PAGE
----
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Wednesday, December 14, 2011

Health, care and participation

(Click link to go to story)
 
The American Association of People with Disabilities (AAPD) is intending to build strong grassroots participation in 2012 among the 50M Americans or so who have a disability. "Our goal is to really engage people with disabilities and mobilize them to participate in the direction of the country"
,said its CEO, Mark Perrielo. "So that when there are debates (about issues we care about), elected officials in D.C. and the state capitols know what the (disability) community is thinking."
 
The issues they pursue include health, bullying and access to employment.

Socio-economic status is the most powerful indicator of anyone's prognosis for a healthy, good, long life, despite all the money thrown at 'health promotion', know by medical insiders as 'hippy-dippy for its ineffective, frivolous use of public money (see 'The last well person' by Nortin Hadller MD). So whereas we might not immediately think 'Health' when discussing employment, or bullying, these are definitely important factors in pursuing a healthy life.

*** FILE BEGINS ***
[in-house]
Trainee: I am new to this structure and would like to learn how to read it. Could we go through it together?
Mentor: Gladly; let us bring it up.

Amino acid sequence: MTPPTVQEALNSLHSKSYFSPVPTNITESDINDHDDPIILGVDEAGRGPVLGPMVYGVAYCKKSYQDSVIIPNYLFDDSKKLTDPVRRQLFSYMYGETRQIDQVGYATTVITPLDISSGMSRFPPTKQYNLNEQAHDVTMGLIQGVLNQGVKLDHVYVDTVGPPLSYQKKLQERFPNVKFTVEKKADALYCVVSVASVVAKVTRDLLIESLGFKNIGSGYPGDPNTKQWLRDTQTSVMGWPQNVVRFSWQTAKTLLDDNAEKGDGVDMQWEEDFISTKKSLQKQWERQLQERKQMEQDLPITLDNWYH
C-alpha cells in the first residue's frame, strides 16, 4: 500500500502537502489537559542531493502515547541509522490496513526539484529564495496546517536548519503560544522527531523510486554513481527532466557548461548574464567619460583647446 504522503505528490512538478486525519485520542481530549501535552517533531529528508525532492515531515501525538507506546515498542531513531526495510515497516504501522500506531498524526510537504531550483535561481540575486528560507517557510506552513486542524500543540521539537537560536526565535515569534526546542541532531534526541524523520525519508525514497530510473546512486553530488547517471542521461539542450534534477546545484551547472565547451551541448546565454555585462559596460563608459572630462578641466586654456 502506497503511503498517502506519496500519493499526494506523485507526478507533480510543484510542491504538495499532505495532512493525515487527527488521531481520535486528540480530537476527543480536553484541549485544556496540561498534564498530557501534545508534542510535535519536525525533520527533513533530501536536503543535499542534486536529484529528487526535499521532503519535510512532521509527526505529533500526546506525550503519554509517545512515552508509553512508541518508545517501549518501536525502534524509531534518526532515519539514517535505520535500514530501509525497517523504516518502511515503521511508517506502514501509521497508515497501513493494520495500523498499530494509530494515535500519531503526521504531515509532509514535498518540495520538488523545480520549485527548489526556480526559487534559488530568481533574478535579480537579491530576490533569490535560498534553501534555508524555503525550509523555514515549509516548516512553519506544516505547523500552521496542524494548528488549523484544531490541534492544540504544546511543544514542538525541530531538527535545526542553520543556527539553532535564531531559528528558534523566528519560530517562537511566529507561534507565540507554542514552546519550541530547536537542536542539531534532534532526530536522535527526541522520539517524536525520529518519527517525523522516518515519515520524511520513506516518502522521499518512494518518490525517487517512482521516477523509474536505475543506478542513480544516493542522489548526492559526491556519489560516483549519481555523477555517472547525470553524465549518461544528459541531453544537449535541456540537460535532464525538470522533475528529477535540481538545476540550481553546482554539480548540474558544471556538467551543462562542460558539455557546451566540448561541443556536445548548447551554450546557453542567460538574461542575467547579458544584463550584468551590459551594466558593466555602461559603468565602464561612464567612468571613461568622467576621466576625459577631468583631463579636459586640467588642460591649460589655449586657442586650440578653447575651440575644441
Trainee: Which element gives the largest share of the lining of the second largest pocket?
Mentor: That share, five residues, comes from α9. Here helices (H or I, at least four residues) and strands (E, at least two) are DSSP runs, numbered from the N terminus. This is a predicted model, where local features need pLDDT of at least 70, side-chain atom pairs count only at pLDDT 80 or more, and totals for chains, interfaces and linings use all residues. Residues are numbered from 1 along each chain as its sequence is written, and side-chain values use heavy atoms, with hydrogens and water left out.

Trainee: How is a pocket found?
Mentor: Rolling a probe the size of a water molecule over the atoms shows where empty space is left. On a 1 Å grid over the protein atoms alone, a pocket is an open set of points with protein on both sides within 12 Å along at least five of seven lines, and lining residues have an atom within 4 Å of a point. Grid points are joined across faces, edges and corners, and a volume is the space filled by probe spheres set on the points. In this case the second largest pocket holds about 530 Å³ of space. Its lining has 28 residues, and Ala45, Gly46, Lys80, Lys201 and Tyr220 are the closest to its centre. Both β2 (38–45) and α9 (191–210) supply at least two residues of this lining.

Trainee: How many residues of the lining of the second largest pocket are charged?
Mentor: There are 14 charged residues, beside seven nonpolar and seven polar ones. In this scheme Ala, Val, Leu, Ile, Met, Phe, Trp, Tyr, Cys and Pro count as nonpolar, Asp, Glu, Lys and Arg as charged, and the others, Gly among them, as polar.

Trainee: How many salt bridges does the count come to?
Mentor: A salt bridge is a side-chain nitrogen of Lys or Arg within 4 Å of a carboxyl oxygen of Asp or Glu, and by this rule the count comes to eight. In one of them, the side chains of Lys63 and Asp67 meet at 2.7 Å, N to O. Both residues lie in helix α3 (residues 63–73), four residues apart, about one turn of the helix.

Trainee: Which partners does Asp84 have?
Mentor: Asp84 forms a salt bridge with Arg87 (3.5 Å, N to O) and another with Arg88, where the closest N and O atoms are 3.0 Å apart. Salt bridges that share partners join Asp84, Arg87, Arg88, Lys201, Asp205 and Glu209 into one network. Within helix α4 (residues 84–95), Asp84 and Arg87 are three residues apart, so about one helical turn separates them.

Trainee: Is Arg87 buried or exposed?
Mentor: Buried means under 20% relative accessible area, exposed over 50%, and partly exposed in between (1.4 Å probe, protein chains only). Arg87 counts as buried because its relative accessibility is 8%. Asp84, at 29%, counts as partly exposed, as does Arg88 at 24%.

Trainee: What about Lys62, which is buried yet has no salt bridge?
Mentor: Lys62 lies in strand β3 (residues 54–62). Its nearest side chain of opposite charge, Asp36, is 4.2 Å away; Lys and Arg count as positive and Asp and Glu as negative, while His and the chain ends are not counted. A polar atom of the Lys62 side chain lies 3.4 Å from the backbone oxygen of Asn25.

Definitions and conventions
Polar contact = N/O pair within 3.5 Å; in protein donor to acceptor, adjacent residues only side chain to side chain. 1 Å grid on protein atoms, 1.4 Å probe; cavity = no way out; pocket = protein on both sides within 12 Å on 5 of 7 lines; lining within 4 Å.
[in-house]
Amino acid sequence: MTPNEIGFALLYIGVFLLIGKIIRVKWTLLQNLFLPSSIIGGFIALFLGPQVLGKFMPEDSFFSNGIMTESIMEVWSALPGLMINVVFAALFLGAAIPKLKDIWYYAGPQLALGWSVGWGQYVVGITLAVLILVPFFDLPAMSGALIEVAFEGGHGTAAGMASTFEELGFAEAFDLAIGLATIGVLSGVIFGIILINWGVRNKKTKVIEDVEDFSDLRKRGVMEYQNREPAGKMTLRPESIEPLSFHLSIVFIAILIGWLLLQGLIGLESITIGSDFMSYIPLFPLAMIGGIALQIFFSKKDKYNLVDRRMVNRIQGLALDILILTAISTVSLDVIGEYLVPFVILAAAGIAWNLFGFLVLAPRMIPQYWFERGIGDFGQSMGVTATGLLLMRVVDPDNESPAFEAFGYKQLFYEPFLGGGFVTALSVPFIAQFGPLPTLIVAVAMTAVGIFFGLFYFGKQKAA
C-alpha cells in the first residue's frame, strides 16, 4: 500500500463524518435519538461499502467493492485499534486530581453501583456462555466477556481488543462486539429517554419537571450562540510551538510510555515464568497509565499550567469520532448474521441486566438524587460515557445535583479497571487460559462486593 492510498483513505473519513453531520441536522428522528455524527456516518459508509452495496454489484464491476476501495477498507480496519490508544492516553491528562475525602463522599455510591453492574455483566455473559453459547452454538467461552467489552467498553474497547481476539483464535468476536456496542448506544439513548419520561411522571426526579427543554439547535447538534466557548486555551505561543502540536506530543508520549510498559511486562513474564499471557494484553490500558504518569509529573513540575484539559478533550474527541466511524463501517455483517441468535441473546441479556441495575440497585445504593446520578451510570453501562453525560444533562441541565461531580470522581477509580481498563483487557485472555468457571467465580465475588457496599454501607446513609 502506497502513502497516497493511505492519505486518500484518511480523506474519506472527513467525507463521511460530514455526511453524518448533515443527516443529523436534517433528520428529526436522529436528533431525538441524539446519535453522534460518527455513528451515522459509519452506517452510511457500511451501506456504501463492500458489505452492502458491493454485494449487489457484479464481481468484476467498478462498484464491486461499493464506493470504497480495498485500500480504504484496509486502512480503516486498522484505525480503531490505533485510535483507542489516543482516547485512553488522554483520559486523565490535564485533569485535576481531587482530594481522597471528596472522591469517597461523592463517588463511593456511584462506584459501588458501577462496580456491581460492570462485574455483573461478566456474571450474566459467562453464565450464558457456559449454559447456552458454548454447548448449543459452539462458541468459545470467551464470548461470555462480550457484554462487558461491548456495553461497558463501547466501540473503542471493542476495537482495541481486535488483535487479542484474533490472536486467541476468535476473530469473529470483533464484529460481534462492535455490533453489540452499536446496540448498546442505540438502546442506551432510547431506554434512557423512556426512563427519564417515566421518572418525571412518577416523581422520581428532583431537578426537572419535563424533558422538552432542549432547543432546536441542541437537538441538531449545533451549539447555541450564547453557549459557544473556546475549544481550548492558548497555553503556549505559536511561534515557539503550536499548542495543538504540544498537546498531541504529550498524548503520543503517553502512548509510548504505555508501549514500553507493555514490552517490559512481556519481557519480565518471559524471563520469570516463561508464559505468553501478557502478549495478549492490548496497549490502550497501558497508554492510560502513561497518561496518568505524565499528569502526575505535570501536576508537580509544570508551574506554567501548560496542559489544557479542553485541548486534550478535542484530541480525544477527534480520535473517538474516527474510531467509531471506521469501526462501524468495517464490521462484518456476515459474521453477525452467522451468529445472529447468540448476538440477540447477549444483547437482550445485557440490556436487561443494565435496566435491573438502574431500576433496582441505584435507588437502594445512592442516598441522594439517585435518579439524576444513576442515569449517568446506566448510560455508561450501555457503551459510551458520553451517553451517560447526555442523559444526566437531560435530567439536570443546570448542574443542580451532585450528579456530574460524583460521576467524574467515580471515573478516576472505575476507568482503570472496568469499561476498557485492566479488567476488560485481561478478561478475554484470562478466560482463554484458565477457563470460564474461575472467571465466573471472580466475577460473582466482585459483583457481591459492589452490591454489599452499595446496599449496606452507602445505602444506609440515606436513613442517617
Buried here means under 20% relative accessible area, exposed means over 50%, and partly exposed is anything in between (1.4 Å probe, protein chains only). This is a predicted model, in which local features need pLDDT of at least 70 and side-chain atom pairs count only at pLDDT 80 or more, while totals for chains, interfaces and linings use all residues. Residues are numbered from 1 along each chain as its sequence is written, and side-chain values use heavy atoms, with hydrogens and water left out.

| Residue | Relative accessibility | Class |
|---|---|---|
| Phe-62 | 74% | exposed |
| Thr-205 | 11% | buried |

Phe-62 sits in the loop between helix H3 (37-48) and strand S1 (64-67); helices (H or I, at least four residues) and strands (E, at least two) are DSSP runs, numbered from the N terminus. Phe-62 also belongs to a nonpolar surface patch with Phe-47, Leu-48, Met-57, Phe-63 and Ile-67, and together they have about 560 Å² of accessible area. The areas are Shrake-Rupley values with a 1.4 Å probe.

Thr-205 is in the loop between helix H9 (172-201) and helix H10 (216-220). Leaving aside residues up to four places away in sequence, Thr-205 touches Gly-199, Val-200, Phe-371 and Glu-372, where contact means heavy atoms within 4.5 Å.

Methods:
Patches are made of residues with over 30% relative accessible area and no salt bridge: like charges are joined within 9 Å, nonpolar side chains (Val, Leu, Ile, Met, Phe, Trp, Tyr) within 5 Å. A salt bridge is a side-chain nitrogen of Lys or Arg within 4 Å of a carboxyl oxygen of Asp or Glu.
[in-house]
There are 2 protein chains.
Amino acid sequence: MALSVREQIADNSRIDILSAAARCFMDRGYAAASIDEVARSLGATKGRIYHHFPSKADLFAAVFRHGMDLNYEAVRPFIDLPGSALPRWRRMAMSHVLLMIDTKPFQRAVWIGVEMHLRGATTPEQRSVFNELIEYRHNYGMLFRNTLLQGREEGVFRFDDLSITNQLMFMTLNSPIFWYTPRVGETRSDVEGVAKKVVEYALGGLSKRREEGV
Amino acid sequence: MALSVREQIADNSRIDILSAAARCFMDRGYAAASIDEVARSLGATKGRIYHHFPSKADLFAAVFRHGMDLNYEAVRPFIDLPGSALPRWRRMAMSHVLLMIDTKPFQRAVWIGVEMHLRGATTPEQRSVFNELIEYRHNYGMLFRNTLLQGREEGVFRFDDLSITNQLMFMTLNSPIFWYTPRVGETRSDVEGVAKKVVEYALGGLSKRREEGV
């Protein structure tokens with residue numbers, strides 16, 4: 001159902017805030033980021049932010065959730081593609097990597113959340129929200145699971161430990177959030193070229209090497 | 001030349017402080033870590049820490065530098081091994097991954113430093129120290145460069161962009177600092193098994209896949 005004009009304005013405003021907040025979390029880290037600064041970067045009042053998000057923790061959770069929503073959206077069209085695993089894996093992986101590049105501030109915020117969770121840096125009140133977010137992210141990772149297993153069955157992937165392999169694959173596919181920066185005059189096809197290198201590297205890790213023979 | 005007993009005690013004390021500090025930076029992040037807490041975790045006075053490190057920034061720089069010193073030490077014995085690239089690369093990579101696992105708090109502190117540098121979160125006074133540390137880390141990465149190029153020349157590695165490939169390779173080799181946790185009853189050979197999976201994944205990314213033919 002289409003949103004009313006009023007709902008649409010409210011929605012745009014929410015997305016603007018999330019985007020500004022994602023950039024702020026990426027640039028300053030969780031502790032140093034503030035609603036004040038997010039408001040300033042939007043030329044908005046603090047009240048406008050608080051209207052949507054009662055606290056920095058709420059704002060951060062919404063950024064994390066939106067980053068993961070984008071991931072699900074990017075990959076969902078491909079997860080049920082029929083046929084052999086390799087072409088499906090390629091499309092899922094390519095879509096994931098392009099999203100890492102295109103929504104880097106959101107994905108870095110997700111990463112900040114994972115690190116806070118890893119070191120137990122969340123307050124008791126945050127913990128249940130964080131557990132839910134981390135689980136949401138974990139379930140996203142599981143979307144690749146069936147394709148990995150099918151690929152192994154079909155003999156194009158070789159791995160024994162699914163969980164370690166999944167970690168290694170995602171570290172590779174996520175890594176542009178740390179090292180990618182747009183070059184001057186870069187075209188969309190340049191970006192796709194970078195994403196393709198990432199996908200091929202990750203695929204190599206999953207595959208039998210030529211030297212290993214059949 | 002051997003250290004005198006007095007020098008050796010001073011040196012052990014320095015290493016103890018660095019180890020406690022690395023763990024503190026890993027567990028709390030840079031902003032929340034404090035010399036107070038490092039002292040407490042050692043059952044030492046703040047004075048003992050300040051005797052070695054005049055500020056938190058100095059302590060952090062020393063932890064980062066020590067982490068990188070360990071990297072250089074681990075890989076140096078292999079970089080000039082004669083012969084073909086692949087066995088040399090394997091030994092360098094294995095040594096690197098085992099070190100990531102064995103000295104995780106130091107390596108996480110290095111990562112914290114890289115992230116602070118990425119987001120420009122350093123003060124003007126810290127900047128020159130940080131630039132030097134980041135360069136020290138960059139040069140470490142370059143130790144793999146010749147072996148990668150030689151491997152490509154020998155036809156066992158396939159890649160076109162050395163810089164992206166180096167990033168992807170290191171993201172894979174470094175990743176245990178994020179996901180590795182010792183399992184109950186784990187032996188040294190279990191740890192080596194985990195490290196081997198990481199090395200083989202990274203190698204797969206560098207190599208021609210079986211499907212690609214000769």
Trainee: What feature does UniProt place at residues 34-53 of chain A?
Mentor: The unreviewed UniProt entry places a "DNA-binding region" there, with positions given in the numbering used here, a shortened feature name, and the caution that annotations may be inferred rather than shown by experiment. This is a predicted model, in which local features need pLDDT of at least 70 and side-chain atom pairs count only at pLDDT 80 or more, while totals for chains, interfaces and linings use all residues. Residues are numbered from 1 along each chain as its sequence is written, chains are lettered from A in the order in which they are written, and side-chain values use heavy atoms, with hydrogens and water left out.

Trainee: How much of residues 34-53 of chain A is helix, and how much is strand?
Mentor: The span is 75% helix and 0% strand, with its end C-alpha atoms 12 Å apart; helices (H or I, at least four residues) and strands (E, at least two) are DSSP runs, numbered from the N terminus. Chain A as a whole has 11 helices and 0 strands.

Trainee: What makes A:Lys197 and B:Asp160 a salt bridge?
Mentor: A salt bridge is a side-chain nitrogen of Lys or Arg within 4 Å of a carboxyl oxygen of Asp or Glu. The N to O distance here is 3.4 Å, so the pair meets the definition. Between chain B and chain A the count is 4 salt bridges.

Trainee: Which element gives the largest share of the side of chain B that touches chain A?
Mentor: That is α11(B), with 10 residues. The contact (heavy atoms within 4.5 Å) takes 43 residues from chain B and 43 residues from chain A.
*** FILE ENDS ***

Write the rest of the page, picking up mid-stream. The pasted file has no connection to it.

And when you think about it action towards maximum participation of the grassroots is a core factor in achieving healthy lives for disabled people. In fact the fourth 'stage' in Joan Tronto's framework of care requires it to be present in a relationship of those receiving and giving care. Without true participation, care is not genuine care.
 
And what about the participation then by those who might be unable to communicate or are mentally incapable of doing so? In pursuing the first three stages: paying attention to need; taking responsibility for meeting it and doing so competently we will likely get to know that person and recognise the ways in which they are able to take part in a participatory care relationship, where many see no such signs. We will get to know whether anyone else knows this person and supports them.
 
'Care' is for many disabled people a four-letter word because of its patronising associations with the medical model. But, when looking at the real nature of care, it is also an empowering agent in an environment where patients, ill people and those with disabilities experience an unequal power relationship. I believe Michael Fine has argued similarly.
 
Health (being 'whole') and care therefore are quite compatible with pursuits for social inclusion and participation in a civil society.

1 comment:

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